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Taking 'bullying' to an extreme
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This teenage girl, you see, was thinking of having her oversized ears pinned back against her head in a surgical procedure.

I saw her story on TV, and I don’t have a problem with what she wanted to do. My left ear is way bigger than my right one, the result of my having been a breach baby and the doctor reaching in with a pair of forceps to turn me in the proper direction.

He clamped down on my left ear and tugged, and it never did lie flat again. Hasn’t really caused me any major problems other than the fact that my glasses tilt to the right, which makes me look a bit goofy.

But the girl’s mom said she was considering having the surgery because her daughter was being bullied at school because she had big ears.

As for me, I think we’re carrying this bullying thing too far. Not so long ago, kids called other kids with big ears Dumbo or some other equally non-sensitive name. Hey, that’s what kids do. Always have.

Nowadays, that’s reason enough to call in the Politically Correct Police and put the girl on a 10-year program of psychotherapy.

I know, I know. This is not the first time I’ve ever mentioned this. And I do recognize the fact that bullying  -- real bullying -- can be a problem.

But we’re kind of taking things to an extreme. One kid calls another a name on the playground, and we have an expulsion on our hands. What used to be teasing has become extreme bullying.

I’m sure children are more in touch with their inner selves than kids of a generation ago, but I’m not sure that’s a good thing. Kids should have a right to be kids, and if that involves figuring out how to handle getting insulted on the playground or standing up for themselves if a classmate shoves them…well, it probably won’t hurt them.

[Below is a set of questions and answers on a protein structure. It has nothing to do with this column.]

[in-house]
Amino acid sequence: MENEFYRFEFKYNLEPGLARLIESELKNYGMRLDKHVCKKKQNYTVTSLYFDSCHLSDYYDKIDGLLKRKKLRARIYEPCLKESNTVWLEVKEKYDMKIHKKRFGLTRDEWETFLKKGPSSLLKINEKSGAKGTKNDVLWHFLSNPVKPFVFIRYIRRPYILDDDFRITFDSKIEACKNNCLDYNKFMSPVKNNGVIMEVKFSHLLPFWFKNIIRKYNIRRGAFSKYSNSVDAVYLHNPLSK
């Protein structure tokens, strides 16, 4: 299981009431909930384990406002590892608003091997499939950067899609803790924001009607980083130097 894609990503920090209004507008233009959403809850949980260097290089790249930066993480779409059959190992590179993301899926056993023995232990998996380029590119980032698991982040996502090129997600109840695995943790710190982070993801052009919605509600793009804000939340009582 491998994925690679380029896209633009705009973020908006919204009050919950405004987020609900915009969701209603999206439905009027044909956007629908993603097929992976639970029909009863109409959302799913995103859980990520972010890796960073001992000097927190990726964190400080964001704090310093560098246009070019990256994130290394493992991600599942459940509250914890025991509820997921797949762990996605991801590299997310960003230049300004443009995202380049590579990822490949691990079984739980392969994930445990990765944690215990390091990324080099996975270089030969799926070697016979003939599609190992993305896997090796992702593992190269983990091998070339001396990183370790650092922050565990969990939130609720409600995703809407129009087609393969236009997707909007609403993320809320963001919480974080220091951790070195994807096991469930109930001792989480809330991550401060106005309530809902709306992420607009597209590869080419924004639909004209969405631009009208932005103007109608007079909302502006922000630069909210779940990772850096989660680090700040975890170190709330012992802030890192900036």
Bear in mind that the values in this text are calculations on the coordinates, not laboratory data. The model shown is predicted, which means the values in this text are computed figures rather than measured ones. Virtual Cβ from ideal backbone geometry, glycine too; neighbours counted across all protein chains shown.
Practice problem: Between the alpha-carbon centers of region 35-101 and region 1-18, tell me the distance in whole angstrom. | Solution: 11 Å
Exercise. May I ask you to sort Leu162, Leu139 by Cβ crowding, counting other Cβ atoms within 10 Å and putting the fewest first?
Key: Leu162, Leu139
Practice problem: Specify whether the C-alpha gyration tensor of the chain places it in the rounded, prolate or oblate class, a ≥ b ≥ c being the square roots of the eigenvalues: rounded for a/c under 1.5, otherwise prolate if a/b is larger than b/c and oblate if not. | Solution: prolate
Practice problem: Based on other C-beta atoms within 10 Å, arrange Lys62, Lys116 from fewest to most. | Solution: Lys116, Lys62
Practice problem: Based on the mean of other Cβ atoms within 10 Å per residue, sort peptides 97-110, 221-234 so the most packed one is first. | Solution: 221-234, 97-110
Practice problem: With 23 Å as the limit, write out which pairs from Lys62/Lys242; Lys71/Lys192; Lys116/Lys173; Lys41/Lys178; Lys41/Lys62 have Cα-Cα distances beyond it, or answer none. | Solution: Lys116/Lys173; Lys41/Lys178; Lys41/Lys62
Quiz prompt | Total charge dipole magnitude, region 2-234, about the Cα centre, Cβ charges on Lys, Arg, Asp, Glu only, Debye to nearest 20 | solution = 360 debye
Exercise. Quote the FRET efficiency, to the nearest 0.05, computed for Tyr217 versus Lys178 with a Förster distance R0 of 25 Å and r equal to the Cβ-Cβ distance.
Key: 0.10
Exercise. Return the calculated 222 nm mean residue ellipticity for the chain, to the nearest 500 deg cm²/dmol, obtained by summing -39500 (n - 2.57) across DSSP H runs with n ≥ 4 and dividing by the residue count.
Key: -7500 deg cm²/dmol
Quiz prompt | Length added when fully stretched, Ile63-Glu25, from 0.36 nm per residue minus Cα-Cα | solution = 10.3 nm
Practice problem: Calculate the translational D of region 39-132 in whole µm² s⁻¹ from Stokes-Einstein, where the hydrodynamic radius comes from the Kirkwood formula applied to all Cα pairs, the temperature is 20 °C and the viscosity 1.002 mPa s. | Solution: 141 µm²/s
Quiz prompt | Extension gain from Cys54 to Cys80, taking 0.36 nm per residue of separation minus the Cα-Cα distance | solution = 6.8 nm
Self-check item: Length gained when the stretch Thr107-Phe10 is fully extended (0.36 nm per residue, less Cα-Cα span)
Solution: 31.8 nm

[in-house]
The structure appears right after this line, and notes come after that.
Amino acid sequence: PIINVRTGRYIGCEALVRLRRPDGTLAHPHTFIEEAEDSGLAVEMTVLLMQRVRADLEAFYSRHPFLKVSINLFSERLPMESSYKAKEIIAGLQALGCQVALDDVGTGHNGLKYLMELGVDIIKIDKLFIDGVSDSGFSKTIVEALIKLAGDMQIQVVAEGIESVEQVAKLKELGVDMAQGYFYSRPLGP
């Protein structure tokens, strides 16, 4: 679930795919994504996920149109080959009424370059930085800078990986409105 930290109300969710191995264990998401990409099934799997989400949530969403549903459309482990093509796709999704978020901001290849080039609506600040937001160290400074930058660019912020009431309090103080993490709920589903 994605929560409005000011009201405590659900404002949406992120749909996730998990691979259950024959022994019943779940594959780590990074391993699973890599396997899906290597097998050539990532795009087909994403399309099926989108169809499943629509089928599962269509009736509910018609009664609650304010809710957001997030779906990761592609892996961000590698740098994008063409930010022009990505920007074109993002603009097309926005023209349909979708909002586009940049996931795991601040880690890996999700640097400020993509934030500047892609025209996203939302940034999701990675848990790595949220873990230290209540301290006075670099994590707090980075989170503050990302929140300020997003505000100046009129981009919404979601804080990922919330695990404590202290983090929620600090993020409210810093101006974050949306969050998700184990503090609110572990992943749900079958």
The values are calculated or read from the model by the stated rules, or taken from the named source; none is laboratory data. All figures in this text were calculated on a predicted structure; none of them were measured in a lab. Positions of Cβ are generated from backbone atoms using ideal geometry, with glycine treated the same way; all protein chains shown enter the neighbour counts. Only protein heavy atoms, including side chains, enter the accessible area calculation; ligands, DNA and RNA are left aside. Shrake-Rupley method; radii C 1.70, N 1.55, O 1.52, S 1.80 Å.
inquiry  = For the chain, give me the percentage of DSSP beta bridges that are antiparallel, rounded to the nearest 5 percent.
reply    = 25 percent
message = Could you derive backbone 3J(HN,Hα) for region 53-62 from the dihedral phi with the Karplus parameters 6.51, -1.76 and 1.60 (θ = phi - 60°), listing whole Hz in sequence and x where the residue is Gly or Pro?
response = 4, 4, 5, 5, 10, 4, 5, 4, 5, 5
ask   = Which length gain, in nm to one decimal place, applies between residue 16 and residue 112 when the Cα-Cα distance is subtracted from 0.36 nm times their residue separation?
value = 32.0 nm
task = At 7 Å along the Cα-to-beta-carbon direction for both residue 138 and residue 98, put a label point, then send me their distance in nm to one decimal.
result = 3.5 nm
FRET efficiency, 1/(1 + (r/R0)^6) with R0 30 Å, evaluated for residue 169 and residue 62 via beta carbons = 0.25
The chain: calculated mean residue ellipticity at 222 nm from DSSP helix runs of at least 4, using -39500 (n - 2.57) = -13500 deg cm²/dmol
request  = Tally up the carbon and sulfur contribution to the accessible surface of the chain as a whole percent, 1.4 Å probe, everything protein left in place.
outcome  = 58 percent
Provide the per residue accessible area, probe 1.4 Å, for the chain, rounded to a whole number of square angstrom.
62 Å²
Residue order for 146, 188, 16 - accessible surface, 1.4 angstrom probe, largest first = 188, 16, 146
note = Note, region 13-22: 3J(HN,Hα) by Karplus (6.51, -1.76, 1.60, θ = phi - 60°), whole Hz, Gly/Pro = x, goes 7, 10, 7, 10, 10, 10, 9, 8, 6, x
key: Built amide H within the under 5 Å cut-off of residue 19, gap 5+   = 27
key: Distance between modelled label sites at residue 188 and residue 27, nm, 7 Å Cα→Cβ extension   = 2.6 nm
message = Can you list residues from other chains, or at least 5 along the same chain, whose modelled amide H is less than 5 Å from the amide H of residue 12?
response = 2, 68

Some elementary schools now prohibit the game of “tag” during recess because, as one principal said, it creates “self-esteem issues” among the children who get tagged.

Same with dodgeball. It’s banned on some playgrounds because school administrators say those who get whacked with the ball feel bad about it.

One school banned hopscotch. Too competitive.

An expert pooh-poohed such policies, saying games are organized to have a winner and a loser. They’re competitive, just like life is competitive.

A Connecticut school outlawed touching among students, along with “horseplay.”  Principals across the country thought that was a great idea, so they followed suit.

Heck, we don’t want kids getting the misplaced idea that life involves personal relationships, do we?

Some people have pointed out that this rise in extreme touchy-feely behavior coincides with an increase in what has been called the “I know my rights” generation:

“Don’t give me a failing grade in chemistry. I know my rights.”

“Don’t handcuff me just because you think I robbed a bank. I know my rights.”

Anyway, I’m kind of confused about all this. Like most people, I try to adjust with the times. We can’t do things now the same way we did them back in the 1950s, and nobody wants to be a throwback, advocating a way of life that can no longer exist.

But banning tag and dodgeball?

Lordy, lordy. What would Dr.Spock say?

(Glenn Tucker is a contributing editor for the Chronicle-Independent, Camden, S.C.)